- The Washington Times - Thursday, December 31, 2009

HELENA, Mont. — The Montana Supreme Court said Thursday that nothing in state law prevents patients from seeking physician-assisted suicide, making Montana the third state that will allow the procedure.

Patients and doctors have been waiting for the state’s high court to step in after a lower court decided a year ago that constitutional rights to privacy and dignity protect the right to die.

The Montana Supreme Court opinion now will give doctors in the state the freedom to prescribe the necessary drugs to mentally competent, terminally ill patients without fear of being prosecuted, advocates said.

Steve Johnson, a 72-year-old Helena cancer patient, welcomed the decision, saying he has talked with his doctor about ending his life.

“I am very concerned about the intense pain and loss of dignity,” Mr. Johnson, a lifelong rancher and veterinarian, said at a press conference at the Capitol. “I’ve accepted my death. I approach the end of my life with a clear mind.”

The Supreme Court didn’t go as far as District Judge Dorothy McCarter of Helena did last December when she extended constitutional protections to the procedure.

The Supreme Court decided not to determine whether the Montana Constitution guarantees the right. Instead, it said that nothing in state law or the court’s precedent indicated it was against public policy and pointed to laws giving patients rights to make crucial decisions as a justification for legalizing the assistance.

“The Montana Supreme Court has determined that this is a choice that state law entrusts to Montana patients, not to the government,” said Compassion & Choices Legal Director Kathryn Tucker, a lawyer on the case. “Montanans trapped in an unbearable dying process deserve, and will now have, this end-of-life choice.”

Oregon and Washington state allow assisted suicides for terminally ill patients, with Oregon adopting the nation’s first “death with dignity” law in 1997. Ms. Tucker said Montana doctors now should feel comfortable adopting procedures that doctors in the other two states use.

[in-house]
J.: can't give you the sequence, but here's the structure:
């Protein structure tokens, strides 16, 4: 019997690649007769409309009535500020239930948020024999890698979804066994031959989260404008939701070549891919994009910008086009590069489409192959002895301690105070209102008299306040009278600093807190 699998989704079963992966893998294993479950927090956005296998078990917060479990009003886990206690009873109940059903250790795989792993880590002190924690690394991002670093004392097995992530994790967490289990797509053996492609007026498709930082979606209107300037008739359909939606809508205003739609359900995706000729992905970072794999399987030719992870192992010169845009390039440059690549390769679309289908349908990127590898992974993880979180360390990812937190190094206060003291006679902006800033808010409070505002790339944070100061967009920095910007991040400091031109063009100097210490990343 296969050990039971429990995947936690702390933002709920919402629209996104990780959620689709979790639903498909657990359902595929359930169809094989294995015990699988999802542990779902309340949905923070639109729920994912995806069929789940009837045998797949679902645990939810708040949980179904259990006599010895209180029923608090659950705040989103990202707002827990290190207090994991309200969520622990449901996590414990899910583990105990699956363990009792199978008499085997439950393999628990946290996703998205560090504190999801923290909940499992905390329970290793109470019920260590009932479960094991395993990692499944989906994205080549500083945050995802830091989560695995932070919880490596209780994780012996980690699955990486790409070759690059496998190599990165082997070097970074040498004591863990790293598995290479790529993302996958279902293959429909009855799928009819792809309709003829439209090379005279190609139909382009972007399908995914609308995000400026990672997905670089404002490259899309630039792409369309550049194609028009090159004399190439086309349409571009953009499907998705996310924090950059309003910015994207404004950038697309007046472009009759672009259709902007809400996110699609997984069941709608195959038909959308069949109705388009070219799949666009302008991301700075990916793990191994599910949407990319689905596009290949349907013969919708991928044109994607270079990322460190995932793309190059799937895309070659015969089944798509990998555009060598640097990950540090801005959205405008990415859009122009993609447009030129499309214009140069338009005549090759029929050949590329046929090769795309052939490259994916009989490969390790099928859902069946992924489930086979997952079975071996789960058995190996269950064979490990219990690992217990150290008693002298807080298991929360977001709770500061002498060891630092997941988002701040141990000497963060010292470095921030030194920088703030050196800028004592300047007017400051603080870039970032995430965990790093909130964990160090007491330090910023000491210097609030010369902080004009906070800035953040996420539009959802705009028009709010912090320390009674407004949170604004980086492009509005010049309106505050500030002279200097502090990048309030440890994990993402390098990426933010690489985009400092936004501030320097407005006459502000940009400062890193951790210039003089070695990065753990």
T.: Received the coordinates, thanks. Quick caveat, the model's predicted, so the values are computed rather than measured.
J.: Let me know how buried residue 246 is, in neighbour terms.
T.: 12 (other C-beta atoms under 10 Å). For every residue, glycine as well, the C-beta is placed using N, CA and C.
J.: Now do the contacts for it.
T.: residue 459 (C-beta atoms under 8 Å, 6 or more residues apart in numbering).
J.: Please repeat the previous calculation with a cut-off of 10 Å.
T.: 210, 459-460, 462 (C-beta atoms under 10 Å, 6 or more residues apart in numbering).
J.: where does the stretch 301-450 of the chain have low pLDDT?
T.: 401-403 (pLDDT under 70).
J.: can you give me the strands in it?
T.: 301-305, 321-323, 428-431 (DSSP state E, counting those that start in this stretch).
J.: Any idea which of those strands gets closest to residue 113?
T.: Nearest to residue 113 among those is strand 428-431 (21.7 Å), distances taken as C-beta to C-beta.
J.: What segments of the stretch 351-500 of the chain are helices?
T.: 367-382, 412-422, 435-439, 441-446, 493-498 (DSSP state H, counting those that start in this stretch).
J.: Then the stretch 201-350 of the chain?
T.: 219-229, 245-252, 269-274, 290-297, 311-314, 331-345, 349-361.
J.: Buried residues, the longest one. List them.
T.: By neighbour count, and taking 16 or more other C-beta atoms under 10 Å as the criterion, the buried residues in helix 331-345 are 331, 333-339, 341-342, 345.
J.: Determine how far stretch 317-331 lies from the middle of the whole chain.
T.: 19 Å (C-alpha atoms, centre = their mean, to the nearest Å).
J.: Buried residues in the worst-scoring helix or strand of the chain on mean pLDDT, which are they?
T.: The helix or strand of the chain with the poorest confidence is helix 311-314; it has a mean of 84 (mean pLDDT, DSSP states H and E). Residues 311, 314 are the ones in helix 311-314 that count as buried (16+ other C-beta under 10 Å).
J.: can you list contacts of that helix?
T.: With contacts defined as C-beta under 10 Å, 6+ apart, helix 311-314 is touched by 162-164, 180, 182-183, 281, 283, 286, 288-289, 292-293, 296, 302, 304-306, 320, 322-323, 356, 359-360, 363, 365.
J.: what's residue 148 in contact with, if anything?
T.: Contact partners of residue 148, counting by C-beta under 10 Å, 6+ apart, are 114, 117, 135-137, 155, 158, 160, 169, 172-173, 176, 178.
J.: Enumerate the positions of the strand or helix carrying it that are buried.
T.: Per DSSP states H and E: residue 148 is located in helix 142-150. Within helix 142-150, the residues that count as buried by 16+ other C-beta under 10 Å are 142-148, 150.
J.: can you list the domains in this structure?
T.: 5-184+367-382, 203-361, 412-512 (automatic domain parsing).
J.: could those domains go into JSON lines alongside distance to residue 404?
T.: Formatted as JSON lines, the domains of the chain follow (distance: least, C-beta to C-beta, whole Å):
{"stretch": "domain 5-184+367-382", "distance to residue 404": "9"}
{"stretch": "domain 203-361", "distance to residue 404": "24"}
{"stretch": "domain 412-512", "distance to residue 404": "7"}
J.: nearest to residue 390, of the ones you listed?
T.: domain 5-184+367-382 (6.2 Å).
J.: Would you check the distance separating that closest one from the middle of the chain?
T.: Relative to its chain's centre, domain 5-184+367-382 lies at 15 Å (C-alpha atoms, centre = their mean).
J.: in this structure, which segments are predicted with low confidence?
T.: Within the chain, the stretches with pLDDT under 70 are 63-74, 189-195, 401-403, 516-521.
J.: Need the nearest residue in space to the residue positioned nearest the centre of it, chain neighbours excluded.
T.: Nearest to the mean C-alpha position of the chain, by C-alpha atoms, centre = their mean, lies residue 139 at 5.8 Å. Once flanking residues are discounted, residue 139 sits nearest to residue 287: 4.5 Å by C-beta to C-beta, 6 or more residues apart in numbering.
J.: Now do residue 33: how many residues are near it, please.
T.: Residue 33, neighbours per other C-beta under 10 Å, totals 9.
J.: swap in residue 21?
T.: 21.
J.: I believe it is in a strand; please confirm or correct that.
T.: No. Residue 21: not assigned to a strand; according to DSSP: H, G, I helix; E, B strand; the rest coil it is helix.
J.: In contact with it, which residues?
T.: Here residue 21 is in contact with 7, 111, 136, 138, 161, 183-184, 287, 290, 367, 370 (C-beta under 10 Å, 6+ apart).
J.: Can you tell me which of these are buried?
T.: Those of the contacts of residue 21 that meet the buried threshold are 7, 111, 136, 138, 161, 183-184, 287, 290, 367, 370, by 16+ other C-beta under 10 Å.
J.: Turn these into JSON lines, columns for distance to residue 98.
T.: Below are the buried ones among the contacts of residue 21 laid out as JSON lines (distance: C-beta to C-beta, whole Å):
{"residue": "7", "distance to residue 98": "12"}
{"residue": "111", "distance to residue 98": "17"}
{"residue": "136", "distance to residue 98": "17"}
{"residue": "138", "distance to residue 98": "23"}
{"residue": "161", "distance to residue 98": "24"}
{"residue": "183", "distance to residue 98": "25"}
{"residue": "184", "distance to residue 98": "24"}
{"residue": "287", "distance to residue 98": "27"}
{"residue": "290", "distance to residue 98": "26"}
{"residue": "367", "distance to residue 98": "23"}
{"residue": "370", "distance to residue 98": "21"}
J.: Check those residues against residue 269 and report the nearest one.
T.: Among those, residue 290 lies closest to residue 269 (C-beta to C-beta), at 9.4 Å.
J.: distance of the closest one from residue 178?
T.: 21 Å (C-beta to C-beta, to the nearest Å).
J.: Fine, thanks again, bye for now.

The Montana ruling came in the case Compassion & Choices filed on behalf of Robert Baxter of Billings and four physicians. Baxter, who was diagnosed with leukemia 12 years ago, died of lymphoma on Dec. 5, 2008 — the day Judge McCarter issued her ruling.

The Montana attorney general’s office argued in court that the decision on such a policy should be left to the Legislature.

The Supreme Court, pointing to the Legislature’s own policy-making, ruled that assisted suicide is an acceptable defense to any homicide charges against the doctor.

“In physician aid in dying, the patient, not the physician, commits the final death-causing act by self-administering a lethal dose of medicine,” Justice William Leaphart wrote for the court.

Justice John Warner, serving his last day on the court, wrote in a separate concurring opinion that the court decided to leave the constitutional issues alone because addressing them was not necessary.

Justice James Nelson, a more liberal member of the court, said he would have extended the constitutional right to the procedure as the lower court had.

Two judges dissented from the decision, saying the court was reversing long-standing public policy.

“Until the public policy is changed by the democratic process, it should be recognized and enforced by the courts,” wrote Justice Jim Rice for the minority. “In my view, the court’s conclusion is without support, without clear reason, and without moral force.”

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